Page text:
LIVESTOCK agents are calling on Victorian farmers to oppose a push to mandate electronic sheep tags.
Such a move could be a "costly mistake" that would see extra charges forced back onto farmers, according to the Australian Livestock and Property Agents Association.
In a letter to farmers, group president Brendan Wade, calls on them to consider the costs of mandatory radio-frequency identification tags.
This comes as the Victorian Farmers Federation livestock group are set to debate a resolution to support electronic sheep tags at their annual general meeting tomorrow in Bendigo.
Agriculture Minister Peter Walsh last week said there was "ample evidence improvements to the current system were needed".
"Victoria needs an efficient identification and tracking system for sheep and goats to protect our livestock industries from the devastating economic consequences that would result from the spread of a serious exotic disease such as foot and mouth disease," Mr Walsh said.
He said a report last year demonstrated the current paper-based ID system would likely fail under strain of a FMD outbreak.
However, on Monday he told the The Weekly Times the Government had "no plans to mandate electronic tags". "But it does appear that electronic identification is the best way to ensure traceability," he said.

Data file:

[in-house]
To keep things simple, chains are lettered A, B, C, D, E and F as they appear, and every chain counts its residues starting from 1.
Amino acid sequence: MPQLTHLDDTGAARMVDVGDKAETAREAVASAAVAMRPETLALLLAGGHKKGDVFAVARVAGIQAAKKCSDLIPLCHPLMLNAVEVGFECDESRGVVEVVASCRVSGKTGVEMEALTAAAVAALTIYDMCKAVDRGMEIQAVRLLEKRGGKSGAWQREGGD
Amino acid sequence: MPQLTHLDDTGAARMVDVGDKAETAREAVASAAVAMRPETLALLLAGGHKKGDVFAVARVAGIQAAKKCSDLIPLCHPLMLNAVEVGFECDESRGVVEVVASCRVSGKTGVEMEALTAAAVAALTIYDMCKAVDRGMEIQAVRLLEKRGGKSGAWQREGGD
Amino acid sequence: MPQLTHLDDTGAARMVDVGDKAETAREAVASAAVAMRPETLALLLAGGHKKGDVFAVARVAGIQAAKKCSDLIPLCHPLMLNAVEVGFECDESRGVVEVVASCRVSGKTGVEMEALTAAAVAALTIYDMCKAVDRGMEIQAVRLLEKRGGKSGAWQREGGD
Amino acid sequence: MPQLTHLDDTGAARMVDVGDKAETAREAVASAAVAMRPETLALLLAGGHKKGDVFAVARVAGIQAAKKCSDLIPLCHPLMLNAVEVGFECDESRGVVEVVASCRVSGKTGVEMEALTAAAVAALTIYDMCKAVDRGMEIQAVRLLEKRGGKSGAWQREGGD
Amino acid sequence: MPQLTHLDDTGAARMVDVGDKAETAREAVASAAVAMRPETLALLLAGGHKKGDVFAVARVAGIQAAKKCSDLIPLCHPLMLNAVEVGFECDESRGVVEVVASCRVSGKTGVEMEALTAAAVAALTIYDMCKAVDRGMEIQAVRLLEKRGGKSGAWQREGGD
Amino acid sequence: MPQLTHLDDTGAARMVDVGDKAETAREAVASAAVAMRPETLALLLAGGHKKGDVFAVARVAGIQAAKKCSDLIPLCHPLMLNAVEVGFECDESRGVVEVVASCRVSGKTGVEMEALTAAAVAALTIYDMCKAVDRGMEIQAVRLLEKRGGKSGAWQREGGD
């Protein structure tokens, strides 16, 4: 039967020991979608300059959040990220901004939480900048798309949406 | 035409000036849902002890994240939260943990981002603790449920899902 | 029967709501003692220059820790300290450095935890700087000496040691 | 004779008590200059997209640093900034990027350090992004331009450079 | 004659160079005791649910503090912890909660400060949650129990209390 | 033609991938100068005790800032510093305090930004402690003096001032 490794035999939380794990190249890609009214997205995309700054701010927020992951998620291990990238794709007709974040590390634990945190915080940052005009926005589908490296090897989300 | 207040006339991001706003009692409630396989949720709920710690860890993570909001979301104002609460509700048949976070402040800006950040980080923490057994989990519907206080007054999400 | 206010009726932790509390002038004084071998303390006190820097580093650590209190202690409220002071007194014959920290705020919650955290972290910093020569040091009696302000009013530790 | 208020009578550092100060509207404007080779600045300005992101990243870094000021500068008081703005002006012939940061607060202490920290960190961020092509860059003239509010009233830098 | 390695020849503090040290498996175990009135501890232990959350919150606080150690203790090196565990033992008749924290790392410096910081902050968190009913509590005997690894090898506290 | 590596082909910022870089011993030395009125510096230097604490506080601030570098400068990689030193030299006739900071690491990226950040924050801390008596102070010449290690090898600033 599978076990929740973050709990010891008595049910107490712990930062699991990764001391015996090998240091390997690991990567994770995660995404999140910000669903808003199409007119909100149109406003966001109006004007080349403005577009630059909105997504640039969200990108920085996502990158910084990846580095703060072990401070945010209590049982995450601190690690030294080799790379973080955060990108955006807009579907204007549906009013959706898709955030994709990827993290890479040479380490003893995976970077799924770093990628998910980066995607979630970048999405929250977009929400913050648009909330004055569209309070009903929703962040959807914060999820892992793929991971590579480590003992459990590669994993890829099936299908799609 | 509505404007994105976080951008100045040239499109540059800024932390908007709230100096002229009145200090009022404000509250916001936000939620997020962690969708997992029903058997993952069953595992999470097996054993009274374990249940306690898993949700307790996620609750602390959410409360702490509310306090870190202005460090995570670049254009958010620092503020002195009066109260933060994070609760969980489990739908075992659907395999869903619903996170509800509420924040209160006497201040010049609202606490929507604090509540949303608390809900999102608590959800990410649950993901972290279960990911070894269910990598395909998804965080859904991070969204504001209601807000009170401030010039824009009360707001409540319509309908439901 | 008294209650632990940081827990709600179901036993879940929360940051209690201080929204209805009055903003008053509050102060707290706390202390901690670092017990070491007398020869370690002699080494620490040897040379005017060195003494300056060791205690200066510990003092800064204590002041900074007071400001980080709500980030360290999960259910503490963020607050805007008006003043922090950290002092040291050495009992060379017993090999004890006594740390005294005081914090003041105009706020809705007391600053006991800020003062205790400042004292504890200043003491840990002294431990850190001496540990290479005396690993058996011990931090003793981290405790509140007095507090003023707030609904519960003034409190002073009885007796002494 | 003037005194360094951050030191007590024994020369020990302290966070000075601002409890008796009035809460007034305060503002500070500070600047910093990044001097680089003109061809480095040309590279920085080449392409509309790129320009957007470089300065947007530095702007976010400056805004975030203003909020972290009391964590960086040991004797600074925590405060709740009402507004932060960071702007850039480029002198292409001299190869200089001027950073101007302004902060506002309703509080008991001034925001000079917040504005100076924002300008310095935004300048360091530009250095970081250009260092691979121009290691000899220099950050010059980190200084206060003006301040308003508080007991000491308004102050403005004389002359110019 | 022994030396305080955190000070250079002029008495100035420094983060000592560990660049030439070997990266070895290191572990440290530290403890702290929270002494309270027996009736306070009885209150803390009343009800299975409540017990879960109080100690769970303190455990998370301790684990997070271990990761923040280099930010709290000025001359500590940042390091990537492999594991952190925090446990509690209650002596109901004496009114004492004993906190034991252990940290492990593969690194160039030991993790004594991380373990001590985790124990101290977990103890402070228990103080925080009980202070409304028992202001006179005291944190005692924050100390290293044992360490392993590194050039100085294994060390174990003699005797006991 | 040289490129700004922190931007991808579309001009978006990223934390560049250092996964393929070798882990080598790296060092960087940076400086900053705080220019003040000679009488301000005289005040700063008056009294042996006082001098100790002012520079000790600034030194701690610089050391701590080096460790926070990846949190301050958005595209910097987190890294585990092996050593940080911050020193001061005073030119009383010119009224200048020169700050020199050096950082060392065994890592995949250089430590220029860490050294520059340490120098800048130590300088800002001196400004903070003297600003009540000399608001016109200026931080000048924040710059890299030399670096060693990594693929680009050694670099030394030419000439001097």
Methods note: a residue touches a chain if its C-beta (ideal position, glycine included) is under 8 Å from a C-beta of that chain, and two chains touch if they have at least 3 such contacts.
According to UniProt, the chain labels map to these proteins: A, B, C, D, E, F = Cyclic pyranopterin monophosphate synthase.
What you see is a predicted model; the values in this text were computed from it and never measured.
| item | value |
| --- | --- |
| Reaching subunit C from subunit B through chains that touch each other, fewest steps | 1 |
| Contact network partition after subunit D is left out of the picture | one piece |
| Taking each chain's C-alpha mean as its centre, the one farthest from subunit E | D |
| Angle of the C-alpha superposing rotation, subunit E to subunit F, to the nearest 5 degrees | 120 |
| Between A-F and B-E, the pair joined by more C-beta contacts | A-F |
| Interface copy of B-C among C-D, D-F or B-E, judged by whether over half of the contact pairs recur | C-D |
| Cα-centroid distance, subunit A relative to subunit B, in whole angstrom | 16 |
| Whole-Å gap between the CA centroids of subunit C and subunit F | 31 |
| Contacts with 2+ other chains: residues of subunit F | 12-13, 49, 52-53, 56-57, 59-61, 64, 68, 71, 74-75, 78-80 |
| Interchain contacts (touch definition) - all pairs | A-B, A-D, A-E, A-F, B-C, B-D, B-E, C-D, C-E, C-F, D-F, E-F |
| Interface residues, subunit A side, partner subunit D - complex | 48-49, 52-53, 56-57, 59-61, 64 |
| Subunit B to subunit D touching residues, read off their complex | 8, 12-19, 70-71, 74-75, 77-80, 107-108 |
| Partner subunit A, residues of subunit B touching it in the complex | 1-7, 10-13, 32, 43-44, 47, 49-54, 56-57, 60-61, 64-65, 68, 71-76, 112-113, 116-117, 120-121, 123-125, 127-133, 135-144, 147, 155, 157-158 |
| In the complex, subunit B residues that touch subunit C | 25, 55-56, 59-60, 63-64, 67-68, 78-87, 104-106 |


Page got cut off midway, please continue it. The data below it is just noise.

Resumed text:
While the Government had no plans to mandate the technology, Mr Walsh said the Government felt it was important to "work with industry on these issues".
Mr Wade said RFID code was "not the silver bullet" and was yet to be proven to work in a commercial environment.
The current National Livestock Identification System database provided ample traceability if there was a disease outbreak, he said.
"The current system does and can work very well, if everyone does their bit as NSW (Department of Primary Industries) has proven," he said.
Mr Wade said farmers should demand what the costs for an electronic system would be.
He said the inability to answer such questions was "akin to writing a blank cheque for something that is neither proven nor justifiable".
RFID could cost producers 6 per cent of their gross margin, according to NSW DPI estimates, he said.
While all sectors along the supply chain would absorb costs, farmers would bear the brunt of extra charges, he said.
He said electronic tags would also not solve issues with farmers not transferring tag numbers from one property identification code to another.